4 min read
African American boy lays on the carpet playing with foam model airplanes

Introduction

Let’s make an airplane. A glider is an airplane that does not have an engine. In this activity, you will create an airplane glider and then modify it, forming a new design. Four forces will act on your airplane glider. The initial force acting on the glider is called thrust. Powered aircraft have an engine that generates thrust. Your airplane glider’s thrust comes from when you throw it into the air. When in flight, a glider has three forces acting on it (lift, drag, and weight).

Engineers often create miniature models of new products to test the product’s design. This is often the routine with airplanes. Model testing gives the engineer an idea of how the design will respond to different air conditions and different shapes of the airplane. Prototypes that do not work are discarded, which is much more cost-effective than disposing of a full-sized aircraft that does not work.

In the engineering design process, engineers often modify or change a variable or multiple variables from an initial prototype or initial model. After changing a variable from the initial design, they test and compare the results between the prototype and the newly modified design.

Materials Needed

  • One foam airplane glider (Follow the link for an example. Any foam airplane will work.)
  • Timer (phone, stopwatch, clock, etc.)
  • Distance measuring tool (measuring tape, yardstick, or step pace count)
  • Paper
  • Pencil
  • Internet-accessible device (tablet, laptop, computer, or phone)

Learning Objectives

After this activity, students should be able to

  • go through the engineering design process to modify a foam airplane glider
  • form a hypothesis predicting the effects their modifications will have on the flight of their newly designed airplane glider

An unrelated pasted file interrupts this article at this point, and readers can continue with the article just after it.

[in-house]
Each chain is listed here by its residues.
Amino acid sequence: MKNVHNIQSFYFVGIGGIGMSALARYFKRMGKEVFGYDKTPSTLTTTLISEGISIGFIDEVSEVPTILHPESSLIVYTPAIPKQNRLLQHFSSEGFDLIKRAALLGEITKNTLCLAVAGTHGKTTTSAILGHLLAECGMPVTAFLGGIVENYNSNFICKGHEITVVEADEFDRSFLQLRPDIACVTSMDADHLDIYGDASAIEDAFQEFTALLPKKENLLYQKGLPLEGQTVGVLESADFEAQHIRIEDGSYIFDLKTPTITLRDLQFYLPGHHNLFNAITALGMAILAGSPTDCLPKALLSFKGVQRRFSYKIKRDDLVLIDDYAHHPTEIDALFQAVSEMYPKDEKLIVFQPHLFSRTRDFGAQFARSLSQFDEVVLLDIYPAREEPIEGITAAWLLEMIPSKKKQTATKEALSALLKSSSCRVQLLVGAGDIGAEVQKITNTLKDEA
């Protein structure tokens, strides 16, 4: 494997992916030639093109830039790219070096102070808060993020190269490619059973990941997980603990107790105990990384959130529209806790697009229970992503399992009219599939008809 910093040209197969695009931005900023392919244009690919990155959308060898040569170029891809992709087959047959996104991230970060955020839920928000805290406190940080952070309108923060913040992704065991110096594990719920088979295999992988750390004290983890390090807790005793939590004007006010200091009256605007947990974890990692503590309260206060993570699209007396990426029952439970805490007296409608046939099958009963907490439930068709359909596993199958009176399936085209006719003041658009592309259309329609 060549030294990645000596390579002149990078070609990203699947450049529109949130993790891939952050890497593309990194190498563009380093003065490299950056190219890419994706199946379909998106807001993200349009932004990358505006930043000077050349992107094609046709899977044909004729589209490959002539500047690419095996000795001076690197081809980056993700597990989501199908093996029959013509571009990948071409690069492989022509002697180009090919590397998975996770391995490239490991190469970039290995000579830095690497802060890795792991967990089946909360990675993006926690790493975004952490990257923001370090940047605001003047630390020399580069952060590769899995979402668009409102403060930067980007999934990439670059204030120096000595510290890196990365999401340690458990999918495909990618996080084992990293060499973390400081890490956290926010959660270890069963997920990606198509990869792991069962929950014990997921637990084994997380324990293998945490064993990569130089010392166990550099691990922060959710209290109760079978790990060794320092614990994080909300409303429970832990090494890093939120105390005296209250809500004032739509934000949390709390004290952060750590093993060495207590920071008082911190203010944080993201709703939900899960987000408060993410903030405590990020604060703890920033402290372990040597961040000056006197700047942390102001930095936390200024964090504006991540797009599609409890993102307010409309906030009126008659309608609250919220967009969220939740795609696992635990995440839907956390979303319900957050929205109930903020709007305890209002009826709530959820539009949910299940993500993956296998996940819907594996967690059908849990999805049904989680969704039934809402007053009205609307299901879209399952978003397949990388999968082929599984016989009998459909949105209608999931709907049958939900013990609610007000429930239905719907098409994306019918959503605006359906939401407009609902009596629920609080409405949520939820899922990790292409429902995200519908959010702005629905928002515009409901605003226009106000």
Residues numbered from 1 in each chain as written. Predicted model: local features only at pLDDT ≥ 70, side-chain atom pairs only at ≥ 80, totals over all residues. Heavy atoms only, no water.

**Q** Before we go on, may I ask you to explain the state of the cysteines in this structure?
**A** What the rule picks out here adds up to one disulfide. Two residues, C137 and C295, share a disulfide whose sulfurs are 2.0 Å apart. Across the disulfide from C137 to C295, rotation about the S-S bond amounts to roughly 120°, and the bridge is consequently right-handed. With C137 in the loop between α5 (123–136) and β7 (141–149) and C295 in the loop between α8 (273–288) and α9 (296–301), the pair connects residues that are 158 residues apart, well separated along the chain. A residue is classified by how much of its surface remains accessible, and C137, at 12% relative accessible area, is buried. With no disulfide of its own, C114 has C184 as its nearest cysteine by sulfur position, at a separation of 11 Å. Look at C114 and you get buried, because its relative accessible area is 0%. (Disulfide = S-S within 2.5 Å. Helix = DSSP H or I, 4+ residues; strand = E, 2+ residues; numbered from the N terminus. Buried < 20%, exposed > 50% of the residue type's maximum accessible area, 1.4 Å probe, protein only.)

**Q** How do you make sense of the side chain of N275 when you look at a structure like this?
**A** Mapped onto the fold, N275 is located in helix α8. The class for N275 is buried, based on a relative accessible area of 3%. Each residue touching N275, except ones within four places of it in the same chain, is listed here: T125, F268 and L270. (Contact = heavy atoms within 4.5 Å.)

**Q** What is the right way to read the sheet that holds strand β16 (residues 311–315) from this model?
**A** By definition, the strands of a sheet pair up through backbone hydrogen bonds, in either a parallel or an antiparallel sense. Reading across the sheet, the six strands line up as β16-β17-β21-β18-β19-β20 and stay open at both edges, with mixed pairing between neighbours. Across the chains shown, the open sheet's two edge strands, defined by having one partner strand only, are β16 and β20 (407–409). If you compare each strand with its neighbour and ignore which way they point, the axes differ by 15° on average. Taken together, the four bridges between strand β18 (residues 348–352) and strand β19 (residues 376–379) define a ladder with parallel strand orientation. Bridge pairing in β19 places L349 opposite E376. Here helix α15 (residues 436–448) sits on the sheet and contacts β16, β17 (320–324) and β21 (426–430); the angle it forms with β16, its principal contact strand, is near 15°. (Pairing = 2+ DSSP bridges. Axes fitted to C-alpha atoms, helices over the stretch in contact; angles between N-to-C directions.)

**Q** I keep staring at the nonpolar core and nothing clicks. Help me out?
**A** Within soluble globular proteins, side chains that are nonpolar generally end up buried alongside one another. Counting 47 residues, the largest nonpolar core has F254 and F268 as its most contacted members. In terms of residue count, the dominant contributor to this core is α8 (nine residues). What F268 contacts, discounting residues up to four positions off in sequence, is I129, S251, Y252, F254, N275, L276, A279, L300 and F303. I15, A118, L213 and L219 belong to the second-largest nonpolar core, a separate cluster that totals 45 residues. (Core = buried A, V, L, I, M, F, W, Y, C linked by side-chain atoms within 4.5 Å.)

• record qualitative and quantitative observations describing their airplane glider and their flight results
  • find the average distance and time in the air of flight trials
  • identify independent and dependent variables
  • graph their results
  • explain how engineers often create small-size models of new products to test designs

Vocabulary/Key terms

  • dependent variable
  • drag
  • engineering design process
  • force
  • hypothesis
  • independent variable
  • lift
  • observation
  • prototype
  • qualitative
  • quantitative
  • thrust
  • variable
  • weight

Procedure

  1. Follow the instructions provided with your airplane glider kit to build your model.
  2. Form and record a hypothesis for the average distance and time you predict your airplane glider will fly.
  3. Choose a location to fly your airplane. Mark your start location where you will throw your airplane. On your\record sheet, write some qualitative observations describing the environment where you will be flying your airplane.
  4. Simultaneously, start your timer and throw your airplane glider in the air. Stop the timer when your glider lands.
  5. On your record sheet, write the amount of time your airplane was in the air and the distance it flew.
  6. Repeat these steps for three separate trials and record your results.
  7. Calculate and record the average distance and time your airplane glider was in the air for the three trials.